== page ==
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Natural Awakenings Spokane WA/Coeur d'Alene ID

Weight Loss Coach Takes Compassionate, Can-do Approach Toward Wellness

by Sheila Julson

Personal wellness coach Sheryl Quesnel has walked a mile in her clients’ shoes and knows first-hand how difficult it can be to achieve lasting weight loss. Through an assertive, yet compassionate, coaching style, Quesnel works with others via telephone to educate, guide, trouble-shoot and equip them for transformational results. “This isn’t another diet. My approach deals with the underlying cause of stubborn weight,” she affirms.

Quesnel had struggled with her weight for many years, despite following all the typical weight loss protocols such as calorie restriction, working out, cardio exercises, fad diets and more. Diabetes runs in her family; her grandfather, father and brother are all diabetic. She was going down the same road. “I felt horrible and had crippling blood sugar problems. All I wanted to do was lie on the couch for the rest of the day after I ate,” she recalls. “I thought ‘this isn’t right. This isn’t the way our bodies were designed to be.’”

Quesnel decided to fight back against her health challenges and began researching her ailments. “I learned more about insulin resistance, the body’s protective measure against spiking toxic levels of insulin through eating too much of certain types of food or too frequently,” explains this passionate coach, who adds that too much insulin causes cell receptors to close and prevent insulin from bringing in glucose. “Now, you’ve got all this sugar floating around in the body, and insulin begins to tuck it away into organs, as toxic, inflammatory fat. This leads to weight gain and eventually a pre-diabetes diagnosis.”

To kick off her journey back to health, Quesnel began eating a low-carbohydrate diet and altered her eating patterns. She also addressed her mental-emotional relationship with food. “The weight just melted right off,” she says. “I felt better, I didn’t struggle with my adrenals, and I didn’t feel bad every time I ate. Bonus: I’m now a 57-year-old woman who sleeps well at night.”

While many people point toward processed foods in the Standard American Diet (SAD) as the main culprit in weight gain and poor health, Quesnel has a different theory. “The Food Pyramid is where it all began going wrong,” she says. “At one point in time, most people weren’t overweight. Now, most people have weight problems. We’ve been told how to eat using the Food Pyramid, which guides us to eat large amounts of grains. How do we fatten up cattle? We feed them grains.”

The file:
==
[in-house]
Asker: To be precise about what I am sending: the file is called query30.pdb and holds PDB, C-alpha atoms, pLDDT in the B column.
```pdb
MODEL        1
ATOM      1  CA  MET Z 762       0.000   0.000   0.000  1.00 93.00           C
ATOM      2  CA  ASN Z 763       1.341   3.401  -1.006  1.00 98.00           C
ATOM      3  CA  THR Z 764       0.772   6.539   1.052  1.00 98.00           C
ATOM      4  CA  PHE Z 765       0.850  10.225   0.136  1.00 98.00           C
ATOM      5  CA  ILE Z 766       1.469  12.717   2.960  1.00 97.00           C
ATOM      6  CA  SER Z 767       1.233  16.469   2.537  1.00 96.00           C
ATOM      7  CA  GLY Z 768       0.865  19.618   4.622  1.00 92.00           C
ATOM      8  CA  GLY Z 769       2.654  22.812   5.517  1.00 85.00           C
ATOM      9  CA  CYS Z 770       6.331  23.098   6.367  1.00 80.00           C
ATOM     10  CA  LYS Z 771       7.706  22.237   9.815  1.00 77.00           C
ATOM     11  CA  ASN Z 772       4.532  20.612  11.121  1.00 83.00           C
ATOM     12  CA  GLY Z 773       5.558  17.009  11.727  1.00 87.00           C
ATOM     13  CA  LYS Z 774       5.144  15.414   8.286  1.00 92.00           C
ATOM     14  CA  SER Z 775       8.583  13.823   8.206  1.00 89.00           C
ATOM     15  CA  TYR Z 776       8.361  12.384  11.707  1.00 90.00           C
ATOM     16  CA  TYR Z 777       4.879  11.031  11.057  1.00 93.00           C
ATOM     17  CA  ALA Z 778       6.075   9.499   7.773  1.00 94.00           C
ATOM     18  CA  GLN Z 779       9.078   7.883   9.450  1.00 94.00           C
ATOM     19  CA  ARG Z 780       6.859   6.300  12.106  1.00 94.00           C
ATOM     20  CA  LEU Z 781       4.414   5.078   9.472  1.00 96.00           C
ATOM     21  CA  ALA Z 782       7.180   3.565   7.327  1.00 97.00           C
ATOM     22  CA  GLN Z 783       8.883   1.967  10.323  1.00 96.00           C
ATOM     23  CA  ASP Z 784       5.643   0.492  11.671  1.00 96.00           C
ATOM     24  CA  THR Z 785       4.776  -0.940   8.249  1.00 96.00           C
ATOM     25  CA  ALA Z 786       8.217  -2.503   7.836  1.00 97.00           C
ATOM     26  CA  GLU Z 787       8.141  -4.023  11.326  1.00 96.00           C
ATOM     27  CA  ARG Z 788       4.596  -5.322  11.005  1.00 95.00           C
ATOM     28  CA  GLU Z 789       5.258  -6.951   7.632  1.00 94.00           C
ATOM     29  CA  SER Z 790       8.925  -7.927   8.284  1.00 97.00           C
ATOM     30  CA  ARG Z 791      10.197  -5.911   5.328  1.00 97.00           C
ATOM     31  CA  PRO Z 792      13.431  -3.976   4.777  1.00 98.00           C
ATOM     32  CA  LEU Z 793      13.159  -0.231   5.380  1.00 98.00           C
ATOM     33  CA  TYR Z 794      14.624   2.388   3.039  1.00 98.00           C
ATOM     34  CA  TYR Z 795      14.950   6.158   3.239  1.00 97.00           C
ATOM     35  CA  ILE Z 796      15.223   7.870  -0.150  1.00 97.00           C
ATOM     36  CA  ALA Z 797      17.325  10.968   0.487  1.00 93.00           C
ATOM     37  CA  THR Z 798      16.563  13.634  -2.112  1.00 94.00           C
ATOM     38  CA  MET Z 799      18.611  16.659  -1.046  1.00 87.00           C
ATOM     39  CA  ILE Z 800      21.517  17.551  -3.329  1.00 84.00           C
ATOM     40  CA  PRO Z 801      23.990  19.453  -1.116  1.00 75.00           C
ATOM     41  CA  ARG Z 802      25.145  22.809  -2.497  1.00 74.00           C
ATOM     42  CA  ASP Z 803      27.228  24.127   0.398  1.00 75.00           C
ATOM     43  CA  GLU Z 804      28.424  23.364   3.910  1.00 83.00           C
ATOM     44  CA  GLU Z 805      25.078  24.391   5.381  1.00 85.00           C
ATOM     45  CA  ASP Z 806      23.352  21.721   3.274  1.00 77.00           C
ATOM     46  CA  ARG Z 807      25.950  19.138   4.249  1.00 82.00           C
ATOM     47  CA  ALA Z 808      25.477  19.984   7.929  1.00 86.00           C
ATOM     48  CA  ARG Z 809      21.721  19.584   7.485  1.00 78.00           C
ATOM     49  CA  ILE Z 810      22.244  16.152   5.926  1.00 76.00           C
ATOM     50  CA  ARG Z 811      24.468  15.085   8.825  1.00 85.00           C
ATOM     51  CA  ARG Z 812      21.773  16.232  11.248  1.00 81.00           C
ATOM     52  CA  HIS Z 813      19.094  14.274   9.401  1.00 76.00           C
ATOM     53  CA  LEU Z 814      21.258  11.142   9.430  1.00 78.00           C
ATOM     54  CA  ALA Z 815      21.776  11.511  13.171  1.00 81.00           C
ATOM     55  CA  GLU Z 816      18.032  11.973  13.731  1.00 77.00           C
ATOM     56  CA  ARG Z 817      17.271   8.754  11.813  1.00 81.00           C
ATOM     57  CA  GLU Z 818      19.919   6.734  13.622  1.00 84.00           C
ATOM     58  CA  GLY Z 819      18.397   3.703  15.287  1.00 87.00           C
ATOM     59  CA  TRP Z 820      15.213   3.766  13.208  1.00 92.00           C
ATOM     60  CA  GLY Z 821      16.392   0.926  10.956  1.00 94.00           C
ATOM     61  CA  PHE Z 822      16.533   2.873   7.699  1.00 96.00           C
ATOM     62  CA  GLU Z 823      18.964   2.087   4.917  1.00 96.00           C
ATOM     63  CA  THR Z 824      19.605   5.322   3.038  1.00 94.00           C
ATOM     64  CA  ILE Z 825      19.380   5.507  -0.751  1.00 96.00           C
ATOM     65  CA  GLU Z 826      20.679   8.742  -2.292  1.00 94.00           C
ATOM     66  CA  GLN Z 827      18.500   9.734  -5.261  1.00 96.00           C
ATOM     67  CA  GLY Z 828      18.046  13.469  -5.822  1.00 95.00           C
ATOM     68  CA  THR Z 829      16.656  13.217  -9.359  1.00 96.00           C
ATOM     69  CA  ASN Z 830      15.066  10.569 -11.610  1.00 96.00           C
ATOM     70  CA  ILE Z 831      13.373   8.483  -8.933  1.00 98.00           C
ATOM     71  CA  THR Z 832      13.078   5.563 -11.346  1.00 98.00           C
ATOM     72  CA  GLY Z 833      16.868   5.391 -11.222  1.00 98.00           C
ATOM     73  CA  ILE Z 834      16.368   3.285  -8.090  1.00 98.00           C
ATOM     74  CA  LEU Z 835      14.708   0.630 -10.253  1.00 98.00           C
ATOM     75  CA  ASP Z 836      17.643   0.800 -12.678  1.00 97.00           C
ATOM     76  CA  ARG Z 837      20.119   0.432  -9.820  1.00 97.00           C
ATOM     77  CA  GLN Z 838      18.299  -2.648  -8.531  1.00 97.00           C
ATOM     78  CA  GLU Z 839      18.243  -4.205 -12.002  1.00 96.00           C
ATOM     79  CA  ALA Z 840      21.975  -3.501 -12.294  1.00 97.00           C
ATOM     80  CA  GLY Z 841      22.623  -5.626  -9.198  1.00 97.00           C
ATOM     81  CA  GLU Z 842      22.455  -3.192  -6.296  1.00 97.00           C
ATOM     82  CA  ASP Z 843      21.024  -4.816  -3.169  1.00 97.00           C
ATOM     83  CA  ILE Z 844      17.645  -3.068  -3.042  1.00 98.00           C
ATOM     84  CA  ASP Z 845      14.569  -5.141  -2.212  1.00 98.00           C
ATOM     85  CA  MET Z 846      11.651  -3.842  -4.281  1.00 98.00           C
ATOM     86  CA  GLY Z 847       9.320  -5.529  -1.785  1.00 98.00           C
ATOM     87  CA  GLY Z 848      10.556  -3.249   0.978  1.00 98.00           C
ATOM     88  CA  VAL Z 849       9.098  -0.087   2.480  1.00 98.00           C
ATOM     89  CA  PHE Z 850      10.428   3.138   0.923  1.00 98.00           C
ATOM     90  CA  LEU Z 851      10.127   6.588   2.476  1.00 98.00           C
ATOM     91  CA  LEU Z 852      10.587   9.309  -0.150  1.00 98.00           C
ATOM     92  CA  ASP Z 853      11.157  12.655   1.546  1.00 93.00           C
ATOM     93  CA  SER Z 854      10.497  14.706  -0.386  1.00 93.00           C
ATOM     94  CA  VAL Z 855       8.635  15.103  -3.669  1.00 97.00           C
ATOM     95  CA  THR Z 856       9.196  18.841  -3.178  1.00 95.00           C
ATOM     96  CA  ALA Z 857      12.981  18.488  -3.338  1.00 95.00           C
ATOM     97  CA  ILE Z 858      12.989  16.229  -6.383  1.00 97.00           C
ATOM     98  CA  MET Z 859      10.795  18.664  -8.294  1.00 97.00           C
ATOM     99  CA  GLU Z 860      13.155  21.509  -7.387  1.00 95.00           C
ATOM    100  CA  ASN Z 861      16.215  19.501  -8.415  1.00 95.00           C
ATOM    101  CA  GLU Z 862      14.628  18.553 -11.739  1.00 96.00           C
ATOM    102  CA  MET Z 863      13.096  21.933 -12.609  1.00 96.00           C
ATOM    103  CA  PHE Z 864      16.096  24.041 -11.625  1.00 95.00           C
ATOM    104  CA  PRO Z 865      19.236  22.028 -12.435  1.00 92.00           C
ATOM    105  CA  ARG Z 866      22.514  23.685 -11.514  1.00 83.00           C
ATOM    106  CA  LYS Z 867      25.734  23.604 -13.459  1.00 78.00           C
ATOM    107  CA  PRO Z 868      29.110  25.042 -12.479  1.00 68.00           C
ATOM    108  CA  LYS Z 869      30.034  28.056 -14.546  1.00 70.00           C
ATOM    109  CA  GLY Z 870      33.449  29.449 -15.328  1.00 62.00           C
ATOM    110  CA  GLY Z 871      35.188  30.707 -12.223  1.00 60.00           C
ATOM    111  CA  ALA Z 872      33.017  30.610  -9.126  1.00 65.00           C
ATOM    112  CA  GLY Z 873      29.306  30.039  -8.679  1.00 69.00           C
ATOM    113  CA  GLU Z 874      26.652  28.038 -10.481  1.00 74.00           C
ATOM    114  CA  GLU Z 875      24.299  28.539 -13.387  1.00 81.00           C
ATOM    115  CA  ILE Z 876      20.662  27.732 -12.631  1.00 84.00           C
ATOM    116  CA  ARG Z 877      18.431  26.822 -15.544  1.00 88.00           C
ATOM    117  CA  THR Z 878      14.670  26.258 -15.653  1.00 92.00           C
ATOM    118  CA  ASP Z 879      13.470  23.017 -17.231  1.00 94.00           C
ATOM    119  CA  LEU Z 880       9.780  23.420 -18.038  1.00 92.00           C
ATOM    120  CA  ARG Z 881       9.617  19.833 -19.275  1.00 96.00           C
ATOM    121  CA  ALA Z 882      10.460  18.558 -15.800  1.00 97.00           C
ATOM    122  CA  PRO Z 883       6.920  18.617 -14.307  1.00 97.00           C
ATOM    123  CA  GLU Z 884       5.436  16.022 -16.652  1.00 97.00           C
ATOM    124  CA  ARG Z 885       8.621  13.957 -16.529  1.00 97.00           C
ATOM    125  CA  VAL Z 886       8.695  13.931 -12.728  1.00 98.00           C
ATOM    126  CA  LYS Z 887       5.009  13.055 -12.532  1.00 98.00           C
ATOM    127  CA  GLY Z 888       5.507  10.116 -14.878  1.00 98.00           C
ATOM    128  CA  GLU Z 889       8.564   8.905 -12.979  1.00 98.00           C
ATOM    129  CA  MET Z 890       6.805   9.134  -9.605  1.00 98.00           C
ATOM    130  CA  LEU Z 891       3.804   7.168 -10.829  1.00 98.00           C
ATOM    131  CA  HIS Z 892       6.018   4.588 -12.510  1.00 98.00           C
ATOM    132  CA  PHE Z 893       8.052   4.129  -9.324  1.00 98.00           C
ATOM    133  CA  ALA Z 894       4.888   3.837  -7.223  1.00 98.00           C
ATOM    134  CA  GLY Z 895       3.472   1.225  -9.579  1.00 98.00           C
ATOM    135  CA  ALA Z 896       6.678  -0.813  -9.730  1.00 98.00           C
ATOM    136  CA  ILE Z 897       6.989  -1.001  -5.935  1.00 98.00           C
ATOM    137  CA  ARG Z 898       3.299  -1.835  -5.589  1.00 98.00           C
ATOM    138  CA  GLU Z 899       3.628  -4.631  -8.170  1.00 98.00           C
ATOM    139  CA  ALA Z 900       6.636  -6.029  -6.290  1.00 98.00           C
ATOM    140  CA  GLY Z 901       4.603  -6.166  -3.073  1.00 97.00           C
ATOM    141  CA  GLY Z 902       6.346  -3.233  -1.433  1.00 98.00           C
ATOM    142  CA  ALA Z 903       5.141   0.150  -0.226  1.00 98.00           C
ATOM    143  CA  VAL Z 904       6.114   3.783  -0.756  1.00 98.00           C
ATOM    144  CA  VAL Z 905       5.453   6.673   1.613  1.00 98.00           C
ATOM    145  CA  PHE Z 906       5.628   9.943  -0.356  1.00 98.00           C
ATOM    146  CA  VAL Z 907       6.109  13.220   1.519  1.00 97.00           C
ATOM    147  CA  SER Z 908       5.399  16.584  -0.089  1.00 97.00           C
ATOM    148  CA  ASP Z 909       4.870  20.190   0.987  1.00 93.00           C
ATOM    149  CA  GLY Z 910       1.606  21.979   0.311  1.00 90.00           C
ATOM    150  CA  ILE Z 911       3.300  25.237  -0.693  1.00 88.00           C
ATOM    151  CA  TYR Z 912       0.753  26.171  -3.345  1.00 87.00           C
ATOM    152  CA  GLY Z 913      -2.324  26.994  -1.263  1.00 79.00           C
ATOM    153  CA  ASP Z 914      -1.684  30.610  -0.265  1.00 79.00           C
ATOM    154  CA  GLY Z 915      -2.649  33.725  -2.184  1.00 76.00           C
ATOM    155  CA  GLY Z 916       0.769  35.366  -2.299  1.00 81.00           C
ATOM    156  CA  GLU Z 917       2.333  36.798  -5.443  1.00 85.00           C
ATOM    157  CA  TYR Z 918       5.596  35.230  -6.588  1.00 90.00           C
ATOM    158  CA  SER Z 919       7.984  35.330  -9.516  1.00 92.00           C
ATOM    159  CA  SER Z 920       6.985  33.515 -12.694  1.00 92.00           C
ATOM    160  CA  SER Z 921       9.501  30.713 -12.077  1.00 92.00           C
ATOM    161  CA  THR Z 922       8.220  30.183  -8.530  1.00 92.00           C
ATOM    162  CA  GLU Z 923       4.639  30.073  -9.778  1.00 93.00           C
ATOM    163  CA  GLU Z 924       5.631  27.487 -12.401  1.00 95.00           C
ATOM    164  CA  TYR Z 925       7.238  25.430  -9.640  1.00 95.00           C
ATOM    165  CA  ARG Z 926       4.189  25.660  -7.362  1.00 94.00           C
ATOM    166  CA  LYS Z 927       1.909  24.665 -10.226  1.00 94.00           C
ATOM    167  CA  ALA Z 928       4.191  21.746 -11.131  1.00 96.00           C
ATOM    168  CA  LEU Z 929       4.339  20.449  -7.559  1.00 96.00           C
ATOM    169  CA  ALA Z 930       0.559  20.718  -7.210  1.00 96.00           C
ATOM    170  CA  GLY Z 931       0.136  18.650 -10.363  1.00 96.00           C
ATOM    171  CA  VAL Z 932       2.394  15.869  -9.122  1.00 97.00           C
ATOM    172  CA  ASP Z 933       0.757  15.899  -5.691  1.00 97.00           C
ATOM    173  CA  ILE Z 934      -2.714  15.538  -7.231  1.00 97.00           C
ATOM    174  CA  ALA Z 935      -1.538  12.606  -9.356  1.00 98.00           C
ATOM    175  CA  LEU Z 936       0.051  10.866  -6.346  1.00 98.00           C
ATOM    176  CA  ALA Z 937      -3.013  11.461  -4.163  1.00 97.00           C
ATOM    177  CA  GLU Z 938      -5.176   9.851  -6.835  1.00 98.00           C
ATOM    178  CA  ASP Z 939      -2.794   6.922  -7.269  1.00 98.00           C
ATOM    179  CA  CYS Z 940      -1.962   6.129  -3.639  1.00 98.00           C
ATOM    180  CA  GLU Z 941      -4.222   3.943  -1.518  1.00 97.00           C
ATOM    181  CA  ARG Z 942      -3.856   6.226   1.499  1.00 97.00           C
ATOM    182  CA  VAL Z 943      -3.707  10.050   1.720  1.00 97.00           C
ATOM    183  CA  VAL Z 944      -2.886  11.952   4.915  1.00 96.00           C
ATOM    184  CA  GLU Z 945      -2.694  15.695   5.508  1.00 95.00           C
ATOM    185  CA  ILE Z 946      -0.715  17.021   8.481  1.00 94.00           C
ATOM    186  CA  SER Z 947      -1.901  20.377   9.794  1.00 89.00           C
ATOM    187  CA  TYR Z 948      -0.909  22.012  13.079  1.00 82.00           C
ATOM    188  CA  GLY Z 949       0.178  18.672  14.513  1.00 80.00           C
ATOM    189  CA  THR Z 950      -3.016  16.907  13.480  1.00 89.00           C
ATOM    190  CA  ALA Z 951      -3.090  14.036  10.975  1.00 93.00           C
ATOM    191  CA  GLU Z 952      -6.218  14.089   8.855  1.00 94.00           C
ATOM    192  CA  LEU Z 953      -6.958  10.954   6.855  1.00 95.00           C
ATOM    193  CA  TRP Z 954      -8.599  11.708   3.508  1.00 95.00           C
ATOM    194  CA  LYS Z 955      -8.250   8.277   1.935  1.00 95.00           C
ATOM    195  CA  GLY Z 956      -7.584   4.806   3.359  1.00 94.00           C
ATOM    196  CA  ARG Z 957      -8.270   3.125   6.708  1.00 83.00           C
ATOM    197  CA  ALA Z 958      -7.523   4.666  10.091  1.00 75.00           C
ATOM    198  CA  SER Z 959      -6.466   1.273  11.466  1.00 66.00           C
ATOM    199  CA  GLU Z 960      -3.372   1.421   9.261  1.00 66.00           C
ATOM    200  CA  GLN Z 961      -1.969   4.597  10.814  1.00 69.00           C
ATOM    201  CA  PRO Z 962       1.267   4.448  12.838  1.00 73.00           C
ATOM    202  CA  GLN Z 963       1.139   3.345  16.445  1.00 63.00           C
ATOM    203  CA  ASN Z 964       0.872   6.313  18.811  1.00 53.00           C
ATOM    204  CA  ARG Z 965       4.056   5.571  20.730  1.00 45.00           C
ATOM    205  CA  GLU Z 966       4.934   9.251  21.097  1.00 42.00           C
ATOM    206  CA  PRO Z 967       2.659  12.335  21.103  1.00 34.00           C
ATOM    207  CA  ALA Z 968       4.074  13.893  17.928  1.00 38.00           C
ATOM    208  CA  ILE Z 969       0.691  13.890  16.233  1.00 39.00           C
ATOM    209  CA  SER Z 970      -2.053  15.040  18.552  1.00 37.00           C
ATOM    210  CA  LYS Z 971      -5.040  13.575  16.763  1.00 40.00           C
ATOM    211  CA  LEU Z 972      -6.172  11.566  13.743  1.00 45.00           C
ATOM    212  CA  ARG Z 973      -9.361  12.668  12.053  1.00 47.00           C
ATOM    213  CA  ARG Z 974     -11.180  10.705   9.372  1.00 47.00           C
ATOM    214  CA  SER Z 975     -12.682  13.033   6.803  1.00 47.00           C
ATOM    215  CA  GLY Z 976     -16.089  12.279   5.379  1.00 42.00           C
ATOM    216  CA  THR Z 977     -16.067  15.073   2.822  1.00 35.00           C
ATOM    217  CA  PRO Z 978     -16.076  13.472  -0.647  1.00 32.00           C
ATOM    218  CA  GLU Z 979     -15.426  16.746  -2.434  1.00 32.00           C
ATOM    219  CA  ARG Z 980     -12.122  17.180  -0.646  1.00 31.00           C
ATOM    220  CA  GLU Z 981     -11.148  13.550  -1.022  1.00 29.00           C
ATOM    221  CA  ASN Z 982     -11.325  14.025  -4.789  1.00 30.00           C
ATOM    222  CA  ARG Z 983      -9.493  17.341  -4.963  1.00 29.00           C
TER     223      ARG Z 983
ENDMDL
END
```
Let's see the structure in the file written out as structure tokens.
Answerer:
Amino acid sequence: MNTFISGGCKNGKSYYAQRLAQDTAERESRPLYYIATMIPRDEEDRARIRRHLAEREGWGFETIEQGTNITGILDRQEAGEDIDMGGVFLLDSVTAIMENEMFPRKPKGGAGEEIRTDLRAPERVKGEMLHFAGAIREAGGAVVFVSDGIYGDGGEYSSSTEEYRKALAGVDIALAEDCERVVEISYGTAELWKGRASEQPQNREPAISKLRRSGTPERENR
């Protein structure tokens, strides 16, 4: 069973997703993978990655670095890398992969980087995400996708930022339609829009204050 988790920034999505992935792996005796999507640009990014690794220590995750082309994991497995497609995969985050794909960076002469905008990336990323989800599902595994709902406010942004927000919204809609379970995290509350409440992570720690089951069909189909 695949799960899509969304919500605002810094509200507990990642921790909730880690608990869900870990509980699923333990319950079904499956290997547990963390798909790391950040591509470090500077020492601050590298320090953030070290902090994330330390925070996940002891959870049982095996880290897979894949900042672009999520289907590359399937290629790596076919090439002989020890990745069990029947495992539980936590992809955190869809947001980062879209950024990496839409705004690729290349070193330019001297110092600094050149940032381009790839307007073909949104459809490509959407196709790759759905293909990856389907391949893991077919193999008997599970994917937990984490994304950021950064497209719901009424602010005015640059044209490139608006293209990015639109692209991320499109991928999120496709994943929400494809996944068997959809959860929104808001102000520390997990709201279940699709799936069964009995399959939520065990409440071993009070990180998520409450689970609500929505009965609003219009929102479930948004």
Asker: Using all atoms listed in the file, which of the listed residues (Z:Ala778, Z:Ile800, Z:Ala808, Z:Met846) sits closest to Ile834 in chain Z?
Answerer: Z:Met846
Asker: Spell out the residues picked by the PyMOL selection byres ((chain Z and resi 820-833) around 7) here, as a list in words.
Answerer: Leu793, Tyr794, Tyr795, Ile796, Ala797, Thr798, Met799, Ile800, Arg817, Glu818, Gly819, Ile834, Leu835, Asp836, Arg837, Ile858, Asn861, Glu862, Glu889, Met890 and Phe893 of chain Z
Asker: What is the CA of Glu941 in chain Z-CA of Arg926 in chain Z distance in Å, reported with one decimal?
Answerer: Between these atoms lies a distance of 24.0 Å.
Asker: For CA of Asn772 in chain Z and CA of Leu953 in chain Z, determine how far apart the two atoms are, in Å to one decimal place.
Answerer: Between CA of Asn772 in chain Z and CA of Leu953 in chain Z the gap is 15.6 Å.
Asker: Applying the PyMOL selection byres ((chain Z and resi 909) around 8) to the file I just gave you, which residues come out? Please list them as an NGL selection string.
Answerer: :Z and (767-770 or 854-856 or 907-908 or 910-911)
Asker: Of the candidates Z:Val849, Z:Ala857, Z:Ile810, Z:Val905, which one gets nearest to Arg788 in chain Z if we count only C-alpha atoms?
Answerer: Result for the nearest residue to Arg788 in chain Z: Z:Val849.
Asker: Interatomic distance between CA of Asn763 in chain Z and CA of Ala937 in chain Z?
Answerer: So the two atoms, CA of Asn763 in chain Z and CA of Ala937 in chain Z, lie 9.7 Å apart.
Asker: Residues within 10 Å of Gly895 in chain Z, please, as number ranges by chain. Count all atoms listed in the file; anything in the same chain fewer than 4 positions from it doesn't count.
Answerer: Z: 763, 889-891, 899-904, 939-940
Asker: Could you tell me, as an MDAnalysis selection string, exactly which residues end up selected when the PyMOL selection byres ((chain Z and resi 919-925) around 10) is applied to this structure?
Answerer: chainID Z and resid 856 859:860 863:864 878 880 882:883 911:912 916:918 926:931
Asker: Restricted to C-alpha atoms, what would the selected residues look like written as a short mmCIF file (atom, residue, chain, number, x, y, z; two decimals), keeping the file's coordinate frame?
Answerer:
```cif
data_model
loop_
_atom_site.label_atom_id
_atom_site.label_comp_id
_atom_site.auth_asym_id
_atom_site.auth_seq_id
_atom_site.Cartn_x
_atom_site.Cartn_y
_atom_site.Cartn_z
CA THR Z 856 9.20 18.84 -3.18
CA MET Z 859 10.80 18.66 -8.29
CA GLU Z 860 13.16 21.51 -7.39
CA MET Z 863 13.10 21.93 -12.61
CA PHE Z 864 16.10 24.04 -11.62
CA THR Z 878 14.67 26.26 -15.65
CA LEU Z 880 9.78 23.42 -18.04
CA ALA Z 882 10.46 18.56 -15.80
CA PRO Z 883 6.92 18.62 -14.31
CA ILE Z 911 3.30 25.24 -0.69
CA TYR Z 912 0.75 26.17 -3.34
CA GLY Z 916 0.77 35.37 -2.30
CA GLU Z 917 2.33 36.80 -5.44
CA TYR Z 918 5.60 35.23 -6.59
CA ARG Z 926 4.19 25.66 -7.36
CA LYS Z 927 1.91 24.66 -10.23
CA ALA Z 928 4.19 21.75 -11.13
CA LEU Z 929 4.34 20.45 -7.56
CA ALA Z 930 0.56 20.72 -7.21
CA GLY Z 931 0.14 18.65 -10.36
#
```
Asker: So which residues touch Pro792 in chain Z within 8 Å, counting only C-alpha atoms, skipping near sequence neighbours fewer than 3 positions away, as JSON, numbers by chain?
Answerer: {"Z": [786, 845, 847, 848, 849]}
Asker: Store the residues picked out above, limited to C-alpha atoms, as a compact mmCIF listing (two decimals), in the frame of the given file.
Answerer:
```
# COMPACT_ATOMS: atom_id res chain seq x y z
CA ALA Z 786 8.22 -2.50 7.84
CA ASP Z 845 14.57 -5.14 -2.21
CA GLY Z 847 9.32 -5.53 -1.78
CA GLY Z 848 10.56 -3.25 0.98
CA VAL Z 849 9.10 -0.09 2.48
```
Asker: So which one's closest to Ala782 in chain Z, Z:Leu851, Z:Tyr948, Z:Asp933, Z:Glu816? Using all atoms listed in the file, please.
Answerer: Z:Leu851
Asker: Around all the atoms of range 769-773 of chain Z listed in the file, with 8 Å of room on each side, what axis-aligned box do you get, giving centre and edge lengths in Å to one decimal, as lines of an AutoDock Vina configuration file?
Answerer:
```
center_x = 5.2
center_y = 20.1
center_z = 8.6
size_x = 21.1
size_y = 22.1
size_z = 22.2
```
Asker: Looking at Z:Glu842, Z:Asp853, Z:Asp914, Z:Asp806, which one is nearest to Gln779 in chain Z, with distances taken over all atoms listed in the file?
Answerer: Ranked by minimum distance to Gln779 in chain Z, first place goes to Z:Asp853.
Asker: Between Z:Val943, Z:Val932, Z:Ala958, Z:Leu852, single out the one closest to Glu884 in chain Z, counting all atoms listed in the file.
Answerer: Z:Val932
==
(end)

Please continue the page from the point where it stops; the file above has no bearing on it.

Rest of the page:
Quesnel notes that Americans also have been advised to eat often—three meals a day plus snacks, which spikes insulin frequently and results in the same issues of insulin resistance. “My two-pronged approach hits two things; it hits what we eat or don’t eat, and the frequency that we eat. That’s the way I attack insulin resistance and get results.”

One of the tools in Quesnel’s kit is her certification in the Berg Method, developed by Dr. Eric Berg, a chiropractor who set out on a journey to solve his own health problems and discovered that eating a low-carb diet, while adjusting the frequency in which one eats, addresses both weight issues and insulin resistance. While low-carb diets such as ketogenic is popular, Quesnel emphasizes that she teaches a more approachable model. “I teach healthy keto, which is crucial to good nutrition. SAD doesn’t feed our cells the way they need to be fed. My approach is to support nutrition, which can alleviate cravings and hunger. People see success and actually report wanting to eat this way for the rest of their lives because they don’t feel deprived.”

Quesnel’s approach also incorporates healthy fats. “Every cell in our body needs good fats to absorb nutrition and protect the cells,” she explains. “The brain also needs fats, and fat keeps us satisfied between meals.” She cites examples such as olive oil; grass-fed butter, which contains choline, a substance that helps detoxify the liver; avocados; and nuts in moderation. She notes that a common belief is that grains are necessary for fiber, but vegetables are full of fiber and are nutritionally dense.

Quesnel always encourages her clients to work in conjunction with their medical practitioners. She emphasizes that while coaching is not a substitute for medical advice, it can offer the guidance and nonjudgmental support and inspiration people need to get started and keep going on their weight loss and wellness journeys.

“I’ve been there,” she concludes. “Having struggled, I naturally can encourage and come from a place of compassion, because I know what that journey is like. When you feel good, you can find joy in almost everything. I want to help people realize that.”

For more information about consults and packages, contact Sheryl Quesnel at 208-267-1990 or visit
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